'nelio/testimonial-block'. Then, we simply pass an object with all the relevant properties of the block. For instance, there’s a title (line 10), an icon (line 13), a block category (line 16), and some extra attributes (lines 19 to 47). Easy, right? ?
Attributes are the characteristics that the block will contain. In our case, the testimonial block will have the following:
- name: name of the person who writes the testimonial.
- position: job of that person.
- testimonial: the text of the testimonial.
- mediaID: ID of the image in the WordPress media library.
- mediaURL: URL of the image of the person.
- alignment: arrangement of the text in the testimonial.
One important thing to keep in mind is the following: any attribute that has an HTML element associated with it needs a unique selector, or Gutenberg will give you an error when opening the content. Thus, if for example we have several attributes that are associated with
<p> tags inside the block, we must have a different selector for each one (you can do it with different CSS class names).
Finally we have the editing and saving functions of the block. Let’s take a closer look at them both!
The edit Method
This is where the good stuff starts. The
edit method allows you to get the block ready for editing within Gutenberg. Basically, this method returns a React component formed by all the components that we want to appear in the editor. It looks like this:
It looks very complicated, but trust me, it isn’t—they’re only a bunch of React components. Essentially, we create the HTML structure by nesting elements with the function
el(). For example, if you look at lines 79 to 91, you will see that we define the
<p> tag containing the position of the person making the testimonial. We define the class of the element (
nelio-testimonial-position), a placeholder to show (Position, which is translatable), the value of the element (which we take from the previously-defined block attributes), and the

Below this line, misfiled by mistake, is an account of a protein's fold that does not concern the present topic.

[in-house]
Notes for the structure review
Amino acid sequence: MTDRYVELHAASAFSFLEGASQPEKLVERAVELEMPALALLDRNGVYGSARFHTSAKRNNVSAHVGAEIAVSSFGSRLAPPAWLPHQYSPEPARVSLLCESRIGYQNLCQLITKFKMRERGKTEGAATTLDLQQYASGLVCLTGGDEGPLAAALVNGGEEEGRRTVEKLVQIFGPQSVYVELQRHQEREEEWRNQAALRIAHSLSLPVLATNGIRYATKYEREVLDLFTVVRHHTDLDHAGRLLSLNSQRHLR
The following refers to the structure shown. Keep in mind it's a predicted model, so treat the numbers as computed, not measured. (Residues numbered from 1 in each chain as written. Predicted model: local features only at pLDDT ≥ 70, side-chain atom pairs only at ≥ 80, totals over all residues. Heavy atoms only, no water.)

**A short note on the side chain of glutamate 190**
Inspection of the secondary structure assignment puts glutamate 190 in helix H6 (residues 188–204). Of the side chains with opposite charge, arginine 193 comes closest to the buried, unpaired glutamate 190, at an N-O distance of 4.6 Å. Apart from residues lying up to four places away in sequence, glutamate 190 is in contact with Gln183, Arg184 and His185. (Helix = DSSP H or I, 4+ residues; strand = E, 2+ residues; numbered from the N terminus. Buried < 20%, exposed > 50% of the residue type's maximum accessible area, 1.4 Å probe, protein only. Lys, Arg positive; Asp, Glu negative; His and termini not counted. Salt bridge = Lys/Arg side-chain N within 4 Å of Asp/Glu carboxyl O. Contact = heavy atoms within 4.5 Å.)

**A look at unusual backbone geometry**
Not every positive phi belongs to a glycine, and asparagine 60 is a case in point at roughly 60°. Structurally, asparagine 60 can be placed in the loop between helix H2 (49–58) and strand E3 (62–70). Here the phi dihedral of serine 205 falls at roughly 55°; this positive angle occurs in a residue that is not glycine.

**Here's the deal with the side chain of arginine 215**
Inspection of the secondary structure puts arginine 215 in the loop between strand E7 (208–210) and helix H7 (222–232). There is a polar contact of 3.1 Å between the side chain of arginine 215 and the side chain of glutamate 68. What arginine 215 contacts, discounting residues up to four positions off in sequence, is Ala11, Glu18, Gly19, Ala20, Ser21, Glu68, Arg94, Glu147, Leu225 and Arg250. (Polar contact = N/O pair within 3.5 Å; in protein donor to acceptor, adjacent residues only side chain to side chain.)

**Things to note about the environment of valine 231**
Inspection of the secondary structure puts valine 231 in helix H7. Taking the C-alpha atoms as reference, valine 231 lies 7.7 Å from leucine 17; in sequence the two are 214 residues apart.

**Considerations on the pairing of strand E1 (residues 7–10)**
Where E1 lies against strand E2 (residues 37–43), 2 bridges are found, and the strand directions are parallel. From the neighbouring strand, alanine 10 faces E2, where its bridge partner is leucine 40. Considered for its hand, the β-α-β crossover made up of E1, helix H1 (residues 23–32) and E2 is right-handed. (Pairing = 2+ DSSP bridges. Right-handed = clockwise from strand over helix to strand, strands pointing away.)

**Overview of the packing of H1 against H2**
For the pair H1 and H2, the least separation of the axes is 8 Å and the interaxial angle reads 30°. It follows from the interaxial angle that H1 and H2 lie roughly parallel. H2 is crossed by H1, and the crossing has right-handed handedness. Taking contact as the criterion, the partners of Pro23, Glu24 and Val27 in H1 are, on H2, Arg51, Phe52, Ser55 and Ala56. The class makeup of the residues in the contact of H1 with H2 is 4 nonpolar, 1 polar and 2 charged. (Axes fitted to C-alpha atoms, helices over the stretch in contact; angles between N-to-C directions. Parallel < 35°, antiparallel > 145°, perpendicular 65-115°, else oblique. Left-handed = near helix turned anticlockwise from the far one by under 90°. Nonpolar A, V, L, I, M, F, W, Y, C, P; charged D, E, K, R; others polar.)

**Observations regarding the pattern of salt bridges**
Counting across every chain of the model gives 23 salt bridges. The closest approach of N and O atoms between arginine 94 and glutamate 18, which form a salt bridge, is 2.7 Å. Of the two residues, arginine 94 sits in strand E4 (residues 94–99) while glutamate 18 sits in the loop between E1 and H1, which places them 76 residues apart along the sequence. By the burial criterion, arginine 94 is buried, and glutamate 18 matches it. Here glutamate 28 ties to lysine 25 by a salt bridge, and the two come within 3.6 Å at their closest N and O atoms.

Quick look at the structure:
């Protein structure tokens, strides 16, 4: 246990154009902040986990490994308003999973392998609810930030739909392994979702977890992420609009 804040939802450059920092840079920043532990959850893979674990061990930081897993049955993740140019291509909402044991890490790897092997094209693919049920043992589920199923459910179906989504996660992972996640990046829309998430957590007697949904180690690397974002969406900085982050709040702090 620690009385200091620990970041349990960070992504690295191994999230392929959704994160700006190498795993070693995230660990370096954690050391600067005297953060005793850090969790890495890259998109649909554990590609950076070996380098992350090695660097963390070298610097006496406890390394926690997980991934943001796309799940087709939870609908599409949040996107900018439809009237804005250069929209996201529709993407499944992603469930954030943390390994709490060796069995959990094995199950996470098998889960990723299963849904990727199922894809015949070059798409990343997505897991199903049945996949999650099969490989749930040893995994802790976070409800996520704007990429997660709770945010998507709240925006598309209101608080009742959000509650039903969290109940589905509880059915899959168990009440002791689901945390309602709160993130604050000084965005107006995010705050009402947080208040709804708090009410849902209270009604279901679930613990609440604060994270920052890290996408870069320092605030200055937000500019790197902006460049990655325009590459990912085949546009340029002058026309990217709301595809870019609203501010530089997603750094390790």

onFocus functions (to update the value of the attribute and control its focus). This pattern repeats over and over again.
There are, however, some additional peculiarities. For instance, there’s a button to open the image selector of the media library on lines 37 to 47. This uses
blocks.MediaUpload, a reusable component of Gutenberg himself. In lines 22 to 30 we also reuse another another reusable component: the bar where you can change the alignment of the text.
The save Method
save method is in charge of taking the information of the block and preparing it to save it in the database. It’s a lot easier than the
edit method and looks like the following:
Notice that we built a
div element that contains two more
divs inside. The first has the image of the testimonial and the second the three paragraphs with the text of the testimonial, the name of the person who says the testimonial, and his position.
Styling the Block
If we do nothing else, the result in the editor is not very pretty (but, hey, it works!):
which looks as follows when we add some real data:
And if we publish the post, this is what our visitors see:
To improve the way this block looks and make it more user friendly we need to add some styles. Remember those files we enqueued at the beginning? Exactly, we’re talking about the
style.css files! Well, it’s time to tweak them so that things look beautiful.
After a few minutes (you can view the final result of both files in GitHub), the block in Gutenberg finally looks like this:
and this is how it looks in the frontend:
Creating a new block in Gutenberg can be complicated, but it’s easier than expected if you go step by step. Once you’ve encoded the basic stuff, you only need to work with three files, basically.
The other two important files are those that define the styles of both the editor and the frontend:
style.css. You have already seen that a little bit of CSS can give a radical change to the final result. I encourage you to test the code and improve it.
Before I finish, let me leave you with a list of interesting resources in case you want to learn more about Gutenberg. Remember that Gutenberg will arrive soon, and we should be ready for it!
- The Gutenberg handbook. The resource par excellence. Perfect as a reference.
- Zac Gordon’s Gutenberg development course. If you are one of those who prefer a step-by-step course, this is the most complete one you will find to date.
- Ahmad Awais Gutenberg boilerplate. If you want to start developing your blocks, here are some basic examples from Ahmad Awais.
- Gutenberg examples on Github. More examples of block development for Gutenberg.
- Gutenberg design basics. If you are a designer, don’t miss this post by Tammie Lister, one of Gutenberg’s lead designers.
- Organic Themes tutorial. An incredible tutorial I used to create this one. I highly recommend it!
- Gutenberg News. If you don’t want to miss any news about Gutenberg, you should follow this news website.